QPM: Planting Protein for the Rural Poor

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Malnutrition impedes the cognitive, emotional, and physical development of half of the children in Guatemala under the age of five. Without access to essential vitamins and minerals, stunted motor and cognitive development early in life makes it close to impossible to achieve economic and social prosperity. How can we at Semilla Nueva help enhance the nutrition of these children so that they have a chance to thrive later in life?

Just a small change in nutrition can do wonders for a human being. Increases in protein, a key element for healthy growth and functioning, can make a considerable impact. According to an investigation led by the National Food Research Policy Institute, Guatemalan children aged two years and under who were given drinks fortified with protein showed improved development that lasted throughout their lives. These individuals were more likely to continue their schooling, and as adults entering the labor force had better intellectual reasoning. The study found that men who had received the intervention saw a 46% increase in wages compared to those who did not get the boost of protein, and, in a follow-up study from the Institute of Nutrition of Central America and Panama (INCAP), women were shown to have increased their years of schooling by an average of 1.2 years. Both men and women who had consumed more protein showed higher scores on reading and intelligence testing. Protein intake early in life helps to fuel children’s learning and adults’ earning capacity.

Enter Quality Protein Maize (QPM). This promising corn variety contains higher levels of amino acids tryptophan and lysine – essential building blocks for protein absorption in the body. When QPM is consumed it provides more than two and a half times the protein of regular corn. As the average Guatemalan living in a rural area consumes 28 pounds of corn each month, replacing regular corn with QPM means a drastic increase in protein intake. International studies show that children under five whose diets are based in QPM have average growth rates 27% greater than kids eating regular corn. Likewise, studies in Ghana, Ethiopia, India, and Nicaragua concluded that children under five who ate QPM grew 12% larger than their peers who ate a diet based in regular corn.

qpm pigs
Photo credit: Crops Research Institute, Kumasi, Ghana

Pigs provide a powerful visual example of the potential of QPM. After being fed QPM for 60 days, the animals were nearly 40 pounds heavier than those fed with regular corn! This photo from a study conducted in Ghana demonstrates that difference: the pig on the right was fed regular corn while the pig on the left was fed QPM.  

There are clear health benefits of QPM, but is it really accepted by the populations for which it is intended? One study looked at corn preferences in Tanzania, surveying texture, taste, and general likeability. Results there showed a high acceptance and very positive feedback as compared to normal corn. Semilla Nueva wanted to know how Guatemalans viewed the corn, so its staff surveyed 64 families who had grown and used QPM for home consumption in our 2014 annual survey. According to these families, 98% said that the taste was better or similar to normal corn, and 94% said that they would grow the corn again the next year.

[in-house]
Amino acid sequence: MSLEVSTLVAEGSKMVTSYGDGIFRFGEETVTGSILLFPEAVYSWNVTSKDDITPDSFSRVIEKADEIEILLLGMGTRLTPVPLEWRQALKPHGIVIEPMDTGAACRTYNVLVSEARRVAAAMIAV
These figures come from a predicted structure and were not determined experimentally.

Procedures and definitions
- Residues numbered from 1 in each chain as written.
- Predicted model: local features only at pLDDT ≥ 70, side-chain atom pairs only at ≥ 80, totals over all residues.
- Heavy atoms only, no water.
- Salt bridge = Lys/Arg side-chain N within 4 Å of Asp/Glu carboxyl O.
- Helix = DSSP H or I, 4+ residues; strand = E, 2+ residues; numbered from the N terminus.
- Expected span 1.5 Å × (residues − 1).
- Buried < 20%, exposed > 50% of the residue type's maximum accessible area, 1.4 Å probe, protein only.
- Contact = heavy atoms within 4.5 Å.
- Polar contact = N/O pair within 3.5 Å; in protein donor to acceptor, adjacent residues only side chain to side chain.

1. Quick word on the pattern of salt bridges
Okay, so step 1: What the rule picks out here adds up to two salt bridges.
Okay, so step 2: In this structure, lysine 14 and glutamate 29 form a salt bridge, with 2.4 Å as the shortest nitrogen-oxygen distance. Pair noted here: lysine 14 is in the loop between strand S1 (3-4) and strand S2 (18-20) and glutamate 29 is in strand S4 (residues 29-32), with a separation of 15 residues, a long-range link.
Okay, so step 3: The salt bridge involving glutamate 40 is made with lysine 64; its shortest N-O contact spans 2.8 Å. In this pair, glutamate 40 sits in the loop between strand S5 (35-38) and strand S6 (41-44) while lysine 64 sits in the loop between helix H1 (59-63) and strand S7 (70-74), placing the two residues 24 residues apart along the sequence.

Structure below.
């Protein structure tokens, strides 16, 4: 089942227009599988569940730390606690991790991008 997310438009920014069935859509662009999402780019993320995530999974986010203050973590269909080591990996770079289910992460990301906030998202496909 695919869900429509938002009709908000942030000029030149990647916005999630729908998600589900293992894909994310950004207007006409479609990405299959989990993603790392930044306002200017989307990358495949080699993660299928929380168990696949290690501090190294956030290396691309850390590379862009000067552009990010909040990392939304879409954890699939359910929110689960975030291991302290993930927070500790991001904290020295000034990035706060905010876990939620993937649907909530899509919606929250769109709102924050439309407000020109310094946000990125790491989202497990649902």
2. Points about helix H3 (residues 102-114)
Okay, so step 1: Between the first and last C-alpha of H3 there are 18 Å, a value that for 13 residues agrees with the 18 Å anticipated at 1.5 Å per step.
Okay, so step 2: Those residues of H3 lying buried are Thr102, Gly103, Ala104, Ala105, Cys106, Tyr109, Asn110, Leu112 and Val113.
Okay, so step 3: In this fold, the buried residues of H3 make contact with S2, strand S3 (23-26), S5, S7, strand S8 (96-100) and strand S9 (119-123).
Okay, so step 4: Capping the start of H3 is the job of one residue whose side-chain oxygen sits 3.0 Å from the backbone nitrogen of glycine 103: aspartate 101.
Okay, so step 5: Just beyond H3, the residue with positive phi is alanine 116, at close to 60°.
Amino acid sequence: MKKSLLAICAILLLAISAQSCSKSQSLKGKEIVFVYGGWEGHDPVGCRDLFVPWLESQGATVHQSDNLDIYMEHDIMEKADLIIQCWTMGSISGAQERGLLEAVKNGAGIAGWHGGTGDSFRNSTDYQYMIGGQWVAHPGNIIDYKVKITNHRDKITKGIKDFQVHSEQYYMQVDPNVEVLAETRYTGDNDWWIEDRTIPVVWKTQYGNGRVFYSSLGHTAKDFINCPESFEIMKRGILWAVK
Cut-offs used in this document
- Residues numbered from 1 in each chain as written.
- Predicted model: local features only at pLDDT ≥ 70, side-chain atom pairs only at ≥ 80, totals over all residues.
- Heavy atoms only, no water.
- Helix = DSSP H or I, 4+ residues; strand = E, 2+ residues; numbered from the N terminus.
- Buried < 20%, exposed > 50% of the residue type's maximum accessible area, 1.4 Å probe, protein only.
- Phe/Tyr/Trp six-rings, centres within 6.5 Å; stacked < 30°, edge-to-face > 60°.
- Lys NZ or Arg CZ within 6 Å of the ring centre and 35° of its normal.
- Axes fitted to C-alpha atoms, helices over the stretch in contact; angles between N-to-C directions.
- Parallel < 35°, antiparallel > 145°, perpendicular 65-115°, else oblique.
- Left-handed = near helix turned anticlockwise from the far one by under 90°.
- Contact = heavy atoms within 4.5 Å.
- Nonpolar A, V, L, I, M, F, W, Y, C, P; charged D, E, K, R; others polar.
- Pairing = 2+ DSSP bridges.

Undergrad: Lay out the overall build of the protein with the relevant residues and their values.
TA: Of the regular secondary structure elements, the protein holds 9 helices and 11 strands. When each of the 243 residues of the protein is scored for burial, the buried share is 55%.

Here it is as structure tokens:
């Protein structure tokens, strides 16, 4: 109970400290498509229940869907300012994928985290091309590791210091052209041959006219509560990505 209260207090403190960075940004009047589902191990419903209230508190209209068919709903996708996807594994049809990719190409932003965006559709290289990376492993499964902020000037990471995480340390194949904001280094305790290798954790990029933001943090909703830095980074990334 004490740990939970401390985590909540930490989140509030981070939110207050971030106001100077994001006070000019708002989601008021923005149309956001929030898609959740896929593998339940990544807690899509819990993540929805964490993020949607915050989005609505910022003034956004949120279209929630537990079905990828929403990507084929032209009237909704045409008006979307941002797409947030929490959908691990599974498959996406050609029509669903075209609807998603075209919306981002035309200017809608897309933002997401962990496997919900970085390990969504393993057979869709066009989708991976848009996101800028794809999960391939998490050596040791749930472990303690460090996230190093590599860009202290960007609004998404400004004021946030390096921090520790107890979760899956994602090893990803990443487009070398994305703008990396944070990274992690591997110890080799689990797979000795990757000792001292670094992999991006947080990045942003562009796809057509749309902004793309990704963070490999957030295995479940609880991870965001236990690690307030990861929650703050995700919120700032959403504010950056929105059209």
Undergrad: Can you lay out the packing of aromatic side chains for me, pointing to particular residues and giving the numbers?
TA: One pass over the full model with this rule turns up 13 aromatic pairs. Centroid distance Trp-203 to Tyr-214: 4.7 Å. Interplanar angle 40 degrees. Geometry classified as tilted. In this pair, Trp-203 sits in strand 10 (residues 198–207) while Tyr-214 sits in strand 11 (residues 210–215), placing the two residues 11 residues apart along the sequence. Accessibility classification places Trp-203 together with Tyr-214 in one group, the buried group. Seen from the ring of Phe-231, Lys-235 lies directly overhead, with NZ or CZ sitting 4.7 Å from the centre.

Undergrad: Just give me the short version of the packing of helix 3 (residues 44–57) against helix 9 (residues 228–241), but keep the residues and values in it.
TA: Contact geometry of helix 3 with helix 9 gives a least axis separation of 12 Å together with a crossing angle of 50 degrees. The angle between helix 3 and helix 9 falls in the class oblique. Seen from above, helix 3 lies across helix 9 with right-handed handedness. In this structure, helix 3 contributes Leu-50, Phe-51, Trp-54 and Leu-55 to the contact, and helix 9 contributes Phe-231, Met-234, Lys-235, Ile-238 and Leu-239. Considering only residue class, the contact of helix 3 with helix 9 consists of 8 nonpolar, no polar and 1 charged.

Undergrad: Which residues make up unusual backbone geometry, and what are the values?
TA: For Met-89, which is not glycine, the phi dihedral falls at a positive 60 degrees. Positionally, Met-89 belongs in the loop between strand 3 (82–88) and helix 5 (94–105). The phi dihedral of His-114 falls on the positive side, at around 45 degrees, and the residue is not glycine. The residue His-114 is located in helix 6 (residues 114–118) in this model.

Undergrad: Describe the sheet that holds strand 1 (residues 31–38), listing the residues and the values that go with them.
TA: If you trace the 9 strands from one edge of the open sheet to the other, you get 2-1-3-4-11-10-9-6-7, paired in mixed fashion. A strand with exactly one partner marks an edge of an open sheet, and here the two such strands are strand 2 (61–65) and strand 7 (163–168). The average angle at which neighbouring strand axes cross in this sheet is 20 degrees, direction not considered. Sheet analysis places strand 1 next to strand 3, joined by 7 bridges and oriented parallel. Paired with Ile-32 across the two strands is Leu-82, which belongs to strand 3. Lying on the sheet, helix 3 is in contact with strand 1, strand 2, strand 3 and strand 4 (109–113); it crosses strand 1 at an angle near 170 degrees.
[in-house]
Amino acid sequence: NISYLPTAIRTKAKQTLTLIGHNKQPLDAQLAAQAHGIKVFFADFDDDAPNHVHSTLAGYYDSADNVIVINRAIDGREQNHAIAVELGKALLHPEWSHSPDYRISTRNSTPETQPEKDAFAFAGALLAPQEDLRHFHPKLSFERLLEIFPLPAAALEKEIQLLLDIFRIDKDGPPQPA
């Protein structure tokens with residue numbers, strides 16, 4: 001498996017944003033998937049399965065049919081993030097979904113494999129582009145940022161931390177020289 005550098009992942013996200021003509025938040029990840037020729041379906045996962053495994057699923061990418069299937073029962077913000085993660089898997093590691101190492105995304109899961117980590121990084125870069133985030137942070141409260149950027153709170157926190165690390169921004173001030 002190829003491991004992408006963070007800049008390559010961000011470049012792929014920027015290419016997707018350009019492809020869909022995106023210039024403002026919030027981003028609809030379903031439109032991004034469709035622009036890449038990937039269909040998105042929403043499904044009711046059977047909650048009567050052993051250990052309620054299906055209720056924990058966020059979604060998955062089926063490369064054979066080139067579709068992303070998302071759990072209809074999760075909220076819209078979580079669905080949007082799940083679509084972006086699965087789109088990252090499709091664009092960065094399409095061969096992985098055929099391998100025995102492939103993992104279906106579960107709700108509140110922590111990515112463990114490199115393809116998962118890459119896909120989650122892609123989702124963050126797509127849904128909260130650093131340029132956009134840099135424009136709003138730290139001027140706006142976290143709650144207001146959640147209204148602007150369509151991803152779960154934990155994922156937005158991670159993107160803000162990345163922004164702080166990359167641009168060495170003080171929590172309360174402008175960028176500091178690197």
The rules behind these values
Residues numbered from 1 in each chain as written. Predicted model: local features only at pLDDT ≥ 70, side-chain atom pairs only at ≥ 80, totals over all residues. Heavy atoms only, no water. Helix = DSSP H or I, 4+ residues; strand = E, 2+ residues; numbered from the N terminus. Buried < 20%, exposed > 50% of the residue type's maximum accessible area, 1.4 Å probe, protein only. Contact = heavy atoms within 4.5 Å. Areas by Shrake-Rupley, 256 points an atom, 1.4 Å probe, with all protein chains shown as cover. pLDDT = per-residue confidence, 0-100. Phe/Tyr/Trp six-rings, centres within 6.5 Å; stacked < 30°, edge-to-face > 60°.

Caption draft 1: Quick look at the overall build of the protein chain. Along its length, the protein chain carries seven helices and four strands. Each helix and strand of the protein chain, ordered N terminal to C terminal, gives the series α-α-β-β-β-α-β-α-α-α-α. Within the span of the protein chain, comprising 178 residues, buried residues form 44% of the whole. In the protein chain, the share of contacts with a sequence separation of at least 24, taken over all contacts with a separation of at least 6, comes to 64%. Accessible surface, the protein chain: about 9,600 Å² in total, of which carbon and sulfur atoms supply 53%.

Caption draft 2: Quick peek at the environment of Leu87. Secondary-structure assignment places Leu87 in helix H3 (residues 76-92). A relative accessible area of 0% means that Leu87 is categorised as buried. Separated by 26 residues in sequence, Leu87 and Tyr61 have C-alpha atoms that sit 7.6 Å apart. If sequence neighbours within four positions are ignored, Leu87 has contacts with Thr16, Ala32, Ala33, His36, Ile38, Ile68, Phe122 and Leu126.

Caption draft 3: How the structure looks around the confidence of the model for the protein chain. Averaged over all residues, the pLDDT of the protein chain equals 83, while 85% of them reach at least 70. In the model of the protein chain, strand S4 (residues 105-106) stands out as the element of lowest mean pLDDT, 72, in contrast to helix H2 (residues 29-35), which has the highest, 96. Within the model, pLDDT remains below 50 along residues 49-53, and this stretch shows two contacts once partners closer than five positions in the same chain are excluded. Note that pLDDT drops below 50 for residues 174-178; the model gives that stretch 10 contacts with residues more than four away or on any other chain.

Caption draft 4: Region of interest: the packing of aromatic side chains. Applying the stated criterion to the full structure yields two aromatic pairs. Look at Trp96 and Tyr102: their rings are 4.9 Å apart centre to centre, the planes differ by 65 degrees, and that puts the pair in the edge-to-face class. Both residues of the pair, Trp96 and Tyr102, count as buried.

However, taste, texture, or even nutritional value aren’t always top priority when farmers choose which corn to plant. A large part of developing and spreading the use of QPM is done by promoting other important attributes of the seed. An enormous success story of  QPM adoption can be found in Ghana, where nearly all corn that is planted is now Obatanpa, a specific variety of QPM. Marketing its high yield – 38% higher than commercially available corn – was crucial to such high adoption, as yield, rather than nutritional content, remains a high priority for the majority of farmers living in poor rural communities. Another major element that helped to replace regular corn with QPM was the support and promotion of the crop through partnerships with  international organizations and governments, agricultural centers, non-profits, local universities, and representatives from both the public and private sectors working together.

Semilla Nueva, members of the Plataforma BioFORT, and farmer partners across Guatemala are following the same path. Together they are finding ways to encourage rural communities to bring QPM into their fields and their daily diets. It will take these partners working closely together to bring highly nutritious crops to the hands and diets of families to grow a healthier, stronger future for the nation. Currently, Semilla Nueva – alongside partners at the ICTA and Redsegua – is working hard to produce enough ICTA-B9, a variety of QPM that can be saved and replanted year after year. Thanks to generous funding from Harvest Plus that has made this production possible, we are now preparing to spread the seed to farming families throughout southern Guatemala. Stay tuned for details and updates about this process as we continue to explore the potential and share the impact of QPM!

 

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